Harris’ lesson embeds ways to support students with thoughtful inquiry. Mike Dunn, a college and career counselor at AIM Academy in Pennsylvania, agrees with this line of thinking.“We as educators must encourage our students to address their hearts and listen—to reflect on their core values and solidify a set of beliefs that is equitable to an all-inclusive view for everyone.”
Dunn links these sentiments to John Dewey, a 20th-century American philosopher and education reformer, who stated in 1916 that student choice and reflection are key to a well-educated, thoughtful society. With continued learning, dialogue and public exchange through their school experience, students will grow into adults ready to meet the demands of participating in a democratic society, Dunn says. “This must be our primary responsibility as educators and must be at the fore of our vision for our students.”
Harris responds to this need by encouraging and supporting genuine dialogue with students, and she suggests that teachers start in their own classrooms with clear and open conversations. “Students need to see that their own classrooms and schools are places where we can work as a team for improvement, where diversity is acknowledged and appreciated, and where points of tension are explored, not ignored.” These lessons from Share My Lesson and The Learning Network at The New York Times do just that.
But, it’s not always easy. “This is sometimes a tough road to walk,” says high school social studies teacher Tim Smyth from Pennsylvania. Some topics are tough to broach with students and when comments are taken out of context, he occasionally gets calls from parents. “The teacher has to create a comfortable space where students feel respected and opinions are free to be shared,” Smyth says. He uses comic strips as a learning tool to teach about our changing democratic society and how it is reflected in this form of literature. Students can develop critical thinking and writing skills while making personal connections through a new medium. “I firmly believe that we can’t move forward until we expose issues to the light and examine them,” he says. Addressing complex gender, social, cultural and political issues in the classroom is a must if we want students to explore their curiosities, make thoughtful choices, and learn to give and receive feedback.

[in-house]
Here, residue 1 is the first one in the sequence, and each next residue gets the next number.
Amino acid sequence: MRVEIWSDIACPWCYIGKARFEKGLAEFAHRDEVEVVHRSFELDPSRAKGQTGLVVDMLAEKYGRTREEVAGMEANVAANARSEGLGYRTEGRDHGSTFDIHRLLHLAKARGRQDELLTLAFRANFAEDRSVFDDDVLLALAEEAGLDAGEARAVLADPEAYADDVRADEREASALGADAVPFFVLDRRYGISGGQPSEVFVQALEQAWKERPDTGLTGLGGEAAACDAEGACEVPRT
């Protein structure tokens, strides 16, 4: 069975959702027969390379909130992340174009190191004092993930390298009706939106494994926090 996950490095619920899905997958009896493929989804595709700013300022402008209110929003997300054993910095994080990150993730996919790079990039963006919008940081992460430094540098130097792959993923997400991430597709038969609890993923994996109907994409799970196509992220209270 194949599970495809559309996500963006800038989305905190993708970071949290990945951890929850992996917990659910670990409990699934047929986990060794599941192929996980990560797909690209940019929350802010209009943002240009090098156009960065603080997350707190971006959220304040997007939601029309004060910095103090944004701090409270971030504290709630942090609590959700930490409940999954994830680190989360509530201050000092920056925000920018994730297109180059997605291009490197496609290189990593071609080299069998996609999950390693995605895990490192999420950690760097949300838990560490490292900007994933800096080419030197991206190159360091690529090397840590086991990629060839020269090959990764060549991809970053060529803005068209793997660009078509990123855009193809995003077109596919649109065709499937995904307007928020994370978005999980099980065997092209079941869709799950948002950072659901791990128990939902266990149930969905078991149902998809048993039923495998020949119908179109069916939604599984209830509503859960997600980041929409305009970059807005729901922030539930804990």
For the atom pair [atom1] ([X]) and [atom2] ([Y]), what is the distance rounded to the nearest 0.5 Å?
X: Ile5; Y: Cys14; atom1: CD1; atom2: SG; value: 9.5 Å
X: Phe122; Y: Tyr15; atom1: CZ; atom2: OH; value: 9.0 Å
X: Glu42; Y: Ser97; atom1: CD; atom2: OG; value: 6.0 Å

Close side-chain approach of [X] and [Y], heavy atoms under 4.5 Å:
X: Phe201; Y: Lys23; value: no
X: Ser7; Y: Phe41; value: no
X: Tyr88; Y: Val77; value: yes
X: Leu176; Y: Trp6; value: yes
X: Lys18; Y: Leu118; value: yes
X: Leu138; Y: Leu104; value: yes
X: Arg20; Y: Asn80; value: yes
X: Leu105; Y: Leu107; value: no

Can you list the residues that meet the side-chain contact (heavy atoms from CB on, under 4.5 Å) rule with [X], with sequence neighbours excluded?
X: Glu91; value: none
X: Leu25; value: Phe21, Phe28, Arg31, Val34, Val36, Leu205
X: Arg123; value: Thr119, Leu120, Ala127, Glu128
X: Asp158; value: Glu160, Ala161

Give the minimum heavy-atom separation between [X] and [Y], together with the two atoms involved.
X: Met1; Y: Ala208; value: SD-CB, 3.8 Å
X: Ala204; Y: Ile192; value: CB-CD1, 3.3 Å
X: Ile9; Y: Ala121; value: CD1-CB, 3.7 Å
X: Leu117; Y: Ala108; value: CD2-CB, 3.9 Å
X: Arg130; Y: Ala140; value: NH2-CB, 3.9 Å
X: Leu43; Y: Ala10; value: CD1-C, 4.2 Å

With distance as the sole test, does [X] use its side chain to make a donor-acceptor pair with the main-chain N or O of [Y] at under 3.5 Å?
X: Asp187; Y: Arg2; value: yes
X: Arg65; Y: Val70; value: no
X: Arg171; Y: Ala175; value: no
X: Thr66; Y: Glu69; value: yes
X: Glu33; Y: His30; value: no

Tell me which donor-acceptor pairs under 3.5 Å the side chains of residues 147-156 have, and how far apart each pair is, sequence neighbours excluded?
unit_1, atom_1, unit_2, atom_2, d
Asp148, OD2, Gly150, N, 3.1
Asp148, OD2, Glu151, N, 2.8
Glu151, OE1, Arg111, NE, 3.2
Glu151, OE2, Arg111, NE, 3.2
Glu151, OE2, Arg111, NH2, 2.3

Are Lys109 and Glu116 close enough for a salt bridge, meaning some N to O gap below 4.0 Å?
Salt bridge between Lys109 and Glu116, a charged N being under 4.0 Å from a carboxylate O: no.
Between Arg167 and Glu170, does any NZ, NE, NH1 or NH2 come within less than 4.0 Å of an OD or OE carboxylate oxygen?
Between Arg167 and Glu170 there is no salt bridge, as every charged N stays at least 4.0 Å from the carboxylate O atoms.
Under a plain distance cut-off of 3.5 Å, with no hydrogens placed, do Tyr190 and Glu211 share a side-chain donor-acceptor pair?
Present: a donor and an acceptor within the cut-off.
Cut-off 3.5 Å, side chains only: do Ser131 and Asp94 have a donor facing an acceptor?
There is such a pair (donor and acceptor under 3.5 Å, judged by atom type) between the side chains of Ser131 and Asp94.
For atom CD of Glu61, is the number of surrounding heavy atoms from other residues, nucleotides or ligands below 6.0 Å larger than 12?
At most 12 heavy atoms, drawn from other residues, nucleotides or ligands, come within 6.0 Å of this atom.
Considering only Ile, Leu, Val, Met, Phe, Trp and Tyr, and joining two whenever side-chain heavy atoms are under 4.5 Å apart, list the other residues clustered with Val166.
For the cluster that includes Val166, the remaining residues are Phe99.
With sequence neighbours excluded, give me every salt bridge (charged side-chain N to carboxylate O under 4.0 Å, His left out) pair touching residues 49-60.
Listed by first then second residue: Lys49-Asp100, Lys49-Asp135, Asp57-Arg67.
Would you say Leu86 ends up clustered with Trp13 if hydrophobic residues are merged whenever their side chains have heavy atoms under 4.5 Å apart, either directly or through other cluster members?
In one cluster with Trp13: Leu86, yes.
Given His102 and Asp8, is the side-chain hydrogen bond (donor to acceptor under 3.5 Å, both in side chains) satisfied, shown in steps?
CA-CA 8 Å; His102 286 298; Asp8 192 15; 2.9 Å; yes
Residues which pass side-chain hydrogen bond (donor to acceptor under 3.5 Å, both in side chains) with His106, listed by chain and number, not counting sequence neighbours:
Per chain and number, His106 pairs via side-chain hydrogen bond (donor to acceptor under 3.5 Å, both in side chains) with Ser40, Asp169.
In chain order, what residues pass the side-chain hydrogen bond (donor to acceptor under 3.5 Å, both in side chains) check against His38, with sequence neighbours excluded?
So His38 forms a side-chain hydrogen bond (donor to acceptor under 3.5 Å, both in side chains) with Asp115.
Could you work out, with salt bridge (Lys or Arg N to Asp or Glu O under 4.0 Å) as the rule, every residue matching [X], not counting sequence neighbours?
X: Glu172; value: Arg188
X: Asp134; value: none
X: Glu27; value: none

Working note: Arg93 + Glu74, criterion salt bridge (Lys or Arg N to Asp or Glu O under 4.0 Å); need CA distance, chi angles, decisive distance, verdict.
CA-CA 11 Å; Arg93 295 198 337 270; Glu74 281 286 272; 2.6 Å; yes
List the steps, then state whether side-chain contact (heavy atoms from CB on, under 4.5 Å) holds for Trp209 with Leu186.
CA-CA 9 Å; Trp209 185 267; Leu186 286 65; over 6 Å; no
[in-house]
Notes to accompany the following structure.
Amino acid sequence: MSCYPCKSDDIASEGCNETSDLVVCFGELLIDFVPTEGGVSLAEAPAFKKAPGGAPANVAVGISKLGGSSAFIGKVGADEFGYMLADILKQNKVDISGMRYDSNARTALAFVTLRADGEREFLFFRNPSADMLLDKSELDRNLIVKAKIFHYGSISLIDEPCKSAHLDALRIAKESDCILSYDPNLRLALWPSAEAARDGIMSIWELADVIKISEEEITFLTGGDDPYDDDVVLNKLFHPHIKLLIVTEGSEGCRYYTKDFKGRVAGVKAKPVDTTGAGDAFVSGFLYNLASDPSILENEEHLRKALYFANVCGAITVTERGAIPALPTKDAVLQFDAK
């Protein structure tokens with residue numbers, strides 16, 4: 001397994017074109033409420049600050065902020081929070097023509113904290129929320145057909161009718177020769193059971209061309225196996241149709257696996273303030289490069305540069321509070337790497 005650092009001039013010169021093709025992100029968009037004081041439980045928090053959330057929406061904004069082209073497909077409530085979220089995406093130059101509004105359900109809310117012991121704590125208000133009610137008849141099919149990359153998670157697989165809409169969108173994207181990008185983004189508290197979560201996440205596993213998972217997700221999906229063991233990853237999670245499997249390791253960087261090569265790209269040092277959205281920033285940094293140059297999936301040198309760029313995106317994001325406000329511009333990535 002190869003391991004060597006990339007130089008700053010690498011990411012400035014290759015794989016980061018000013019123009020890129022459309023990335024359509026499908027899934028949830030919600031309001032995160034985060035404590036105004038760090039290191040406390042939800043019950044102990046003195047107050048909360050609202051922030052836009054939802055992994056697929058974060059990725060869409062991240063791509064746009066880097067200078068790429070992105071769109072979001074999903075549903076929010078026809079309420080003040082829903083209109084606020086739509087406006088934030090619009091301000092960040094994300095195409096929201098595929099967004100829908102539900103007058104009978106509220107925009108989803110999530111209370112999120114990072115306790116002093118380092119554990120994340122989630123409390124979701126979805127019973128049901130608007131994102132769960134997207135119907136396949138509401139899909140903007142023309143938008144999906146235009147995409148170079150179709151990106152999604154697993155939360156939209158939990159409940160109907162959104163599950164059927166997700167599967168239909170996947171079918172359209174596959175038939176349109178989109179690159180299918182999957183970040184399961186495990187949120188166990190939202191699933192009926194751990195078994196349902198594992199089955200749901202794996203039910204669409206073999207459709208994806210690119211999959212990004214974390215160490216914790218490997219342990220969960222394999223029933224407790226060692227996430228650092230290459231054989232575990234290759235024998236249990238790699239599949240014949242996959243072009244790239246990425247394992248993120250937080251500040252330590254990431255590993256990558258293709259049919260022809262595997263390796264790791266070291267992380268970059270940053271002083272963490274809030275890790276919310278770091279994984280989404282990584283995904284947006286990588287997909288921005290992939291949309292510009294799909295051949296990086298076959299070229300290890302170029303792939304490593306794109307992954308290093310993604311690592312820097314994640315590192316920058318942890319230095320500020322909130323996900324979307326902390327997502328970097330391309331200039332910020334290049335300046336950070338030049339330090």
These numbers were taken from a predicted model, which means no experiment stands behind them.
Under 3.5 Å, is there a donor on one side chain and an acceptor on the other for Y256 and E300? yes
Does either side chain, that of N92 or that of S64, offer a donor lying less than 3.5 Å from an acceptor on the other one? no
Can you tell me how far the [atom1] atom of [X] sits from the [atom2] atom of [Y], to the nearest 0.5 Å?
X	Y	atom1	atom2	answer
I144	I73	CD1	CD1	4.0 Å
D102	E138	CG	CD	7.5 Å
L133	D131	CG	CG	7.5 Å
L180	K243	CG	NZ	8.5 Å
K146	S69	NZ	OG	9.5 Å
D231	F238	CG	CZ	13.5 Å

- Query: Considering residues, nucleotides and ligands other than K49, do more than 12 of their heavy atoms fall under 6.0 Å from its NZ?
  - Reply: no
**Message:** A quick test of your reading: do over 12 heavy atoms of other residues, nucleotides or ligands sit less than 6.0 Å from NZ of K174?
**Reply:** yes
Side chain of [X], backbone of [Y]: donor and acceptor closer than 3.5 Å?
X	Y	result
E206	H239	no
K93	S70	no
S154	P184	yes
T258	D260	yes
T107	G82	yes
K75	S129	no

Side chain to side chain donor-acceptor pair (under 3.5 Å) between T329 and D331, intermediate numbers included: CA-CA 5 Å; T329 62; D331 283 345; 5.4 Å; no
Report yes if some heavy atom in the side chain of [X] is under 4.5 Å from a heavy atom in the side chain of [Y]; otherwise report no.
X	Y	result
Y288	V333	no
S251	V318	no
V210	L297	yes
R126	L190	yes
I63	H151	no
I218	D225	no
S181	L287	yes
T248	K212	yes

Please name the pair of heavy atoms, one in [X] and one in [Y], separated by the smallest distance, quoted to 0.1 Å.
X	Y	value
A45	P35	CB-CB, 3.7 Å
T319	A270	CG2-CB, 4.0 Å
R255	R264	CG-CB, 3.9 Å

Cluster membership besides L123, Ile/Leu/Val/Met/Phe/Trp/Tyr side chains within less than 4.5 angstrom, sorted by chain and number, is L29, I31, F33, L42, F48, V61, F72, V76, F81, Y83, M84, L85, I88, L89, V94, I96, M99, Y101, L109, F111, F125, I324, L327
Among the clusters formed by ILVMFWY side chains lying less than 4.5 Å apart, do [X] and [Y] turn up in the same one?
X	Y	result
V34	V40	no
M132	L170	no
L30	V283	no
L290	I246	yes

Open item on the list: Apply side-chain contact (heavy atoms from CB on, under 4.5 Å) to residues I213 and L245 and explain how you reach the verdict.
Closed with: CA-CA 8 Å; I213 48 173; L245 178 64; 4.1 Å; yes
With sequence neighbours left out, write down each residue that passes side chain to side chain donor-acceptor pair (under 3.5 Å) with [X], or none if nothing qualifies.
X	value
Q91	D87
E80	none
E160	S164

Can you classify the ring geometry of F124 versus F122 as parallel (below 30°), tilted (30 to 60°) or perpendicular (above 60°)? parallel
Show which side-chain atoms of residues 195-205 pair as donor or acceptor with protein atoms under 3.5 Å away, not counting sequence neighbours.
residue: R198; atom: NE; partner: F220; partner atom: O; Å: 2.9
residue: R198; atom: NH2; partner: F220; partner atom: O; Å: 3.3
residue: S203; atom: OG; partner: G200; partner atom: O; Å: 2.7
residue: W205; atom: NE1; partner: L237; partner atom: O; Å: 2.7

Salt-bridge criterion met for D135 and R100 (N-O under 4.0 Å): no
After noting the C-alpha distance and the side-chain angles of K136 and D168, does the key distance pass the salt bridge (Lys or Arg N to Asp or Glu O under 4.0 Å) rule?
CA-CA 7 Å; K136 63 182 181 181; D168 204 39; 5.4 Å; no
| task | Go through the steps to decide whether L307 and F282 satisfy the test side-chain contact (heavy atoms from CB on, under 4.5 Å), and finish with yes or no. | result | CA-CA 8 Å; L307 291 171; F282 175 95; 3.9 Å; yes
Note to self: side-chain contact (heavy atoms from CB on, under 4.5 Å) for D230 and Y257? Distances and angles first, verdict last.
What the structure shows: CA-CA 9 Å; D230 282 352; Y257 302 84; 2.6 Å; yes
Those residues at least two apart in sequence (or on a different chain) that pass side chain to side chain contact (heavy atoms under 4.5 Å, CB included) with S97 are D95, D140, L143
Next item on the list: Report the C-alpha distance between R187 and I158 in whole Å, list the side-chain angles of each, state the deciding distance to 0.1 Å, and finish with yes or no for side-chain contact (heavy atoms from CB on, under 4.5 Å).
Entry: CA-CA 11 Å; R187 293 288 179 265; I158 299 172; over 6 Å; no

On the first day of school this year, instead of handing out textbooks and rule sheets, Smyth screened “We Are America,” in which professional wrestler John Cena redefines patriotism. Before viewing the video, Smyth discussed with his students the meaning of patriotism and what we, as Americans, have in common. He then asks students to close their eyes and picture the average American, including physical details and items. Smyth explains that after watching the video, all the students had emotional responses that came directly from the heart.
What does it mean to live in a democratic society? Harris offers one answer, “Living in a democratic society means having a healthy respect for each person’s voice; it means approaching difference with a sense of openness and appreciation; and it means recognizing that despite the emphasis on individuality and the variety of perspectives available to us, we are all interconnected.”
At this time in history, students need opportunities to develop and practice positive and life-affirming behaviors. The classroom is a place that can support deep reflection and encourage students to explore life beyond their comfort zone. It is a perfect place to reconsider and practice the democratic ideals that are becoming increasingly obscured in the public arena.
Cleary Vaughan-Lee is the Education Director at the Global Oneness Project. Since creating the project’s education program, she has conducted numerous K20 trainings across the country and has presented at various regional and national conferences including ISTE, NCCE, and NMC. Cleary is a regular contributor to TED-Ed and Education Week. She is particularly interested in providing a humanistic lens to educational content. globalonenessproject.org @goproject